Pubdate: Sun, 29 Jan 2006
Source: Washington Post (DC)
Page: B01
Copyright: 2006 The Washington Post Company
Author: Maia Szalavitz
Note: Maia Szalavitz is the author of "Help at Any Cost: How the 
Troubled-Teen Industry Cons Parents and Hurts Kids" (Riverhead Books).
Bookmark: (Cocaine)
Bookmark: (Heroin)
Bookmark: (Treatment)


It is the ultimate parental nightmare: Your affectionate child is 
transformed, seemingly overnight, into an out-of-control, 
drug-addicted, hostile teenager. Many parents blame themselves. 
"Where did we go wrong?" they ask. The kids, meanwhile, hurtle 
through their own bewildering adolescent nightmare.

I know. My descent into drug addiction started in high school and 
now, as an adult, I have a much better understanding of my parents' 
anguish and of what I was going through. And, after devoting several 
years to researching treatment programs, I'm also aware of the traps 
that many parents fall into when they finally seek help for their kids.

Many anguished parents put their faith in strict residential rehab 
programs. At first glance, these programs, which are commonly based 
on a philosophy of "tough love," seem to offer a safe respite from 
the streets -- promising reform through confrontational therapy in an 
isolated environment where kids cannot escape the need to change 
their behavior. At the same time, during the '90s, it became 
increasingly common for courts to sentence young delinquents to 
military-style boot camps as an alternative to incarceration.

But lack of government oversight and regulation makes it impossible 
for parents to thoroughly investigate services provided by such 
"behavior modification centers," "wilderness programs" and "emotional 
growth boarding schools." Moreover, the very notion of making kids 
who are already suffering go through more suffering is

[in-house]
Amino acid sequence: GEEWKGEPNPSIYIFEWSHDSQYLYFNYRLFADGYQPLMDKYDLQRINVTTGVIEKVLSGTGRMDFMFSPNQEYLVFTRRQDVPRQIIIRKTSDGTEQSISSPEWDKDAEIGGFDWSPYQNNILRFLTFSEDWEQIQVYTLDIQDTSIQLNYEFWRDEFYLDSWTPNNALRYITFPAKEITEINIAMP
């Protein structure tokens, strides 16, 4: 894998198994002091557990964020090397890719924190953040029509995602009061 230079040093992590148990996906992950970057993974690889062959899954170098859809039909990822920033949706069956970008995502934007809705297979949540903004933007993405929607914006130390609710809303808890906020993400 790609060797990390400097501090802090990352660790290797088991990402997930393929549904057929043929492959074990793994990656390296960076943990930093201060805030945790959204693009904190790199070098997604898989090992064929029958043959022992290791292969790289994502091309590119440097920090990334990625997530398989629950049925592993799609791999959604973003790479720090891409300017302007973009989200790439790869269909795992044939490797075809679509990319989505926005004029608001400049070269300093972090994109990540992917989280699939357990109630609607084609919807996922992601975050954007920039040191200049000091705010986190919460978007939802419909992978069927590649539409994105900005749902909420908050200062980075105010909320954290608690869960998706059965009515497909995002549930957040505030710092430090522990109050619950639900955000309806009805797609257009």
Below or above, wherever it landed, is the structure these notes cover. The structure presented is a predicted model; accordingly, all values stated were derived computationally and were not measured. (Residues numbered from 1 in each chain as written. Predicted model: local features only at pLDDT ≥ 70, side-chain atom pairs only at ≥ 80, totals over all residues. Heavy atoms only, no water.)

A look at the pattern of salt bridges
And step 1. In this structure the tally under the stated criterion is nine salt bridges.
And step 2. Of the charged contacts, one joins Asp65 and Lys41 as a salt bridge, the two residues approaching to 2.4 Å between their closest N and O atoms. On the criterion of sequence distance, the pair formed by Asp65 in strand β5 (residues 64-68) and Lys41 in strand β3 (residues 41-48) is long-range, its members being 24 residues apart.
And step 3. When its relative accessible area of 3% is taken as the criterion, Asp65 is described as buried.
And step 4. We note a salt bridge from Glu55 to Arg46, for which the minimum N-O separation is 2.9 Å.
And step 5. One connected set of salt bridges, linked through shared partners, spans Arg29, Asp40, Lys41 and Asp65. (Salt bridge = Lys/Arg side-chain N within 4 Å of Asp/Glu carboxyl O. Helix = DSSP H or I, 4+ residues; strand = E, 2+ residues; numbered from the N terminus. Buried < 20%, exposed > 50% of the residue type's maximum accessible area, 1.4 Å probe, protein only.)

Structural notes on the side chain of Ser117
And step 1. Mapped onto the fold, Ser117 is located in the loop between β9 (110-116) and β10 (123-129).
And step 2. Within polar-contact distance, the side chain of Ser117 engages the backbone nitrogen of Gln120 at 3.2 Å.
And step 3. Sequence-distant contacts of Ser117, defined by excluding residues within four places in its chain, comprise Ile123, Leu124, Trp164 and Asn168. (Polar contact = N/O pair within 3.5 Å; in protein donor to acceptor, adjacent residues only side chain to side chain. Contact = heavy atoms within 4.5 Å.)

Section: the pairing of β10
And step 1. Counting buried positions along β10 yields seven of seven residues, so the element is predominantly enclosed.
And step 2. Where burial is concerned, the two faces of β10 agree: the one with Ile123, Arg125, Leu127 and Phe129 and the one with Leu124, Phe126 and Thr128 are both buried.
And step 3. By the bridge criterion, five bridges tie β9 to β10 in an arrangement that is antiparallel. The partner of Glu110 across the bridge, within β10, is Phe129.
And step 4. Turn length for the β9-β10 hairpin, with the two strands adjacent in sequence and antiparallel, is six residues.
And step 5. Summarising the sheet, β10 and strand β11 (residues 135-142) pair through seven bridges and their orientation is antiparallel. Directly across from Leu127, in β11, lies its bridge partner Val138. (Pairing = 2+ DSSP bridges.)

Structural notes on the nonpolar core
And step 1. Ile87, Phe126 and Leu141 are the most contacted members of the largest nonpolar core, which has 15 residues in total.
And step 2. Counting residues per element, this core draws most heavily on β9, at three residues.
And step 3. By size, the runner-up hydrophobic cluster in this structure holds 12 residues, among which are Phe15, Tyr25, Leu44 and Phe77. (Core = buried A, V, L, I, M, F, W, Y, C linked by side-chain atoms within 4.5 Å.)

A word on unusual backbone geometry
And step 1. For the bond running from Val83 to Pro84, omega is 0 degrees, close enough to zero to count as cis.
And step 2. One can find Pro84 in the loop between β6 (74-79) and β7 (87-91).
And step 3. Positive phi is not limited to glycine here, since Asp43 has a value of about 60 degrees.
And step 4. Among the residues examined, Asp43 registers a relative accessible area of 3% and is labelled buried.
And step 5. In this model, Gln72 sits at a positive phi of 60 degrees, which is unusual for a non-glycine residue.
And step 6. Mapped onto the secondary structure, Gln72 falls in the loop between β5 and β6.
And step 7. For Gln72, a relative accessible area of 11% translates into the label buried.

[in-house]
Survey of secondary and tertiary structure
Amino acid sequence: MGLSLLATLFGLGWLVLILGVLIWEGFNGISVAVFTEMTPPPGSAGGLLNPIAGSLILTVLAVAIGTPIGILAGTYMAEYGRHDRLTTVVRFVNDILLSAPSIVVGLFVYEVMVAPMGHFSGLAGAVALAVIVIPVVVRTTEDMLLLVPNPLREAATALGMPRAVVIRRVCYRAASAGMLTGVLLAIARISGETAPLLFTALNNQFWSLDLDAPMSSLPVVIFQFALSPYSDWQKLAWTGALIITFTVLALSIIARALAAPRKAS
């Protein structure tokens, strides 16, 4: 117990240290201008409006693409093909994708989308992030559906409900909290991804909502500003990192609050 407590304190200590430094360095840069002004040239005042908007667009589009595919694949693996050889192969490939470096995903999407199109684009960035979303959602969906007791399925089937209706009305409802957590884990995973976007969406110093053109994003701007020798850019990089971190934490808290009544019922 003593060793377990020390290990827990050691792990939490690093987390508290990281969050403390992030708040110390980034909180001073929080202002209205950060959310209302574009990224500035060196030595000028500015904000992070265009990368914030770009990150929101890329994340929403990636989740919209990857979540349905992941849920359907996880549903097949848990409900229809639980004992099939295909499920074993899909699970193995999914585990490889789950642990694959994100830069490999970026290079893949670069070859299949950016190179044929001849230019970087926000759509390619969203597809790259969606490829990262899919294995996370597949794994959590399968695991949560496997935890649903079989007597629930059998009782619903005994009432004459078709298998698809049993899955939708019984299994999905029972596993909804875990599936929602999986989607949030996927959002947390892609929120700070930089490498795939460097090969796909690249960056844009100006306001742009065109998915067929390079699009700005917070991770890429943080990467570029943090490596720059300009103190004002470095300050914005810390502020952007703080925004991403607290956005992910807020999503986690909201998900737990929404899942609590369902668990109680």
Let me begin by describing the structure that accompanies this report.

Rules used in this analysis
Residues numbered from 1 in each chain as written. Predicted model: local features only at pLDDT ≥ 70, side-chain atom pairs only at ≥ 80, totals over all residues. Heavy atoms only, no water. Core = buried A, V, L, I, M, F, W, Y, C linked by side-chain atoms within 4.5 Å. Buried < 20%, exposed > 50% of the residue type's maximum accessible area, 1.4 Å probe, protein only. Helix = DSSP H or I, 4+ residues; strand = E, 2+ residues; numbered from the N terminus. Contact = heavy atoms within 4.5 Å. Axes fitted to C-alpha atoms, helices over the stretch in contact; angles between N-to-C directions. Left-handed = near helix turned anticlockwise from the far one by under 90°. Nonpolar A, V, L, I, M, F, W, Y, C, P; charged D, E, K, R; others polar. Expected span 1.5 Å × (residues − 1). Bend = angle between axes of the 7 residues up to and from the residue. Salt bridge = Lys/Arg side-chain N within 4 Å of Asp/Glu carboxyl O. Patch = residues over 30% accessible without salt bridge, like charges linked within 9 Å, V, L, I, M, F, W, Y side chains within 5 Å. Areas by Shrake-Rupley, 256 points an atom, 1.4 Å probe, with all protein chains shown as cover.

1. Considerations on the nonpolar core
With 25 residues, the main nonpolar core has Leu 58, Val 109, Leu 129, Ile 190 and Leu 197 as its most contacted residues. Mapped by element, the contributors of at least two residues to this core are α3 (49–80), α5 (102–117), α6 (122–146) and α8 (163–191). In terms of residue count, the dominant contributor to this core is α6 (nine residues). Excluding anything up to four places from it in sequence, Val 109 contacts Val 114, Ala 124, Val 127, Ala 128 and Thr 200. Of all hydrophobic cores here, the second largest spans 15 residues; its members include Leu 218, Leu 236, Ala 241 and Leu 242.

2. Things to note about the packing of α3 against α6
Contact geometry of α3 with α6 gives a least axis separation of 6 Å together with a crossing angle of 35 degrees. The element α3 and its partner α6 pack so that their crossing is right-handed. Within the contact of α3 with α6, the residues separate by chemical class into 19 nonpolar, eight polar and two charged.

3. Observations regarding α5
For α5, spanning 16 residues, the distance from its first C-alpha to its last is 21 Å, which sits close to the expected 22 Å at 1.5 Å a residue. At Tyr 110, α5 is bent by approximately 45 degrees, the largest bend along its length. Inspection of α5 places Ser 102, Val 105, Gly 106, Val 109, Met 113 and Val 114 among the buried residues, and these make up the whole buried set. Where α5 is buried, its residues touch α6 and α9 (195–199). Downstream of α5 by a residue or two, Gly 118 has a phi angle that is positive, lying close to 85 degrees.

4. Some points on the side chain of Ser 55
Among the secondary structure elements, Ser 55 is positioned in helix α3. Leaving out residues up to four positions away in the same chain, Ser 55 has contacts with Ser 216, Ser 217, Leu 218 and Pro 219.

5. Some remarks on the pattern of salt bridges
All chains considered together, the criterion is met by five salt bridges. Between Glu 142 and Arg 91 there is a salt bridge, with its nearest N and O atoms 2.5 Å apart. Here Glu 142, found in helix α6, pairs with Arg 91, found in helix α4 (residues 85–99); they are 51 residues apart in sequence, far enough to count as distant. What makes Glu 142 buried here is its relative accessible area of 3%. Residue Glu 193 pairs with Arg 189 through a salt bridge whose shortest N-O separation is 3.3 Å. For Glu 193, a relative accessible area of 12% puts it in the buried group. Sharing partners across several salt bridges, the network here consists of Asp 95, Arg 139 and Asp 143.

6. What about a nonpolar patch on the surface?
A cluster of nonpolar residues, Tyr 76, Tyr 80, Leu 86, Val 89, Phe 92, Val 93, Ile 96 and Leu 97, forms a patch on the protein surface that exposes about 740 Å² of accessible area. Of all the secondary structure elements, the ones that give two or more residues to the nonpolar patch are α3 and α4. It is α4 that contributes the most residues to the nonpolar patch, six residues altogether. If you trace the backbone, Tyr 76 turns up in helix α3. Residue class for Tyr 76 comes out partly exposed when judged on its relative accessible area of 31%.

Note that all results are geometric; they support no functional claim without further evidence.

psychologically backwards. And there is little data to support these 
institutions' claims of success.

Nonetheless, a billion-dollar industry now promotes such tough-love 
treatment. There are several hundred public and private facilities -- 
both in the United States and outside the country -- but serving 
almost exclusively American citizens. Although no one officially 
keeps track, my research suggests that some 10,000 to 20,000 
teenagers are enrolled each year. A patchwork of lax and ineffective 
state regulations -- no federal rules apply -- is all that protects 
these young people from institutions that are regulated like ordinary 
boarding schools but that sometimes use more severe methods of 
restraint and isolation than psychiatric centers. There are no 
special qualifications required of the people who oversee such 
facilities. Nor is any diagnosis required before enrollment. If a 
parent thinks a child needs help and can pay the $3,000- to 
$5,000-a-month fees, any teenager can be held in a private program, 
with infrequent contact with the outside world, until he or she turns 18.

Over the past three years, I have interviewed more than 100 
adolescents and parents with personal experience in both public and 
private programs and have read hundreds of media accounts, thousands 
of Internet postings and stacks of legal documents. I have also 
spoken with numerous psychiatrists, psychologists, sociologists and 
juvenile justice experts. Of course there is a range of approaches at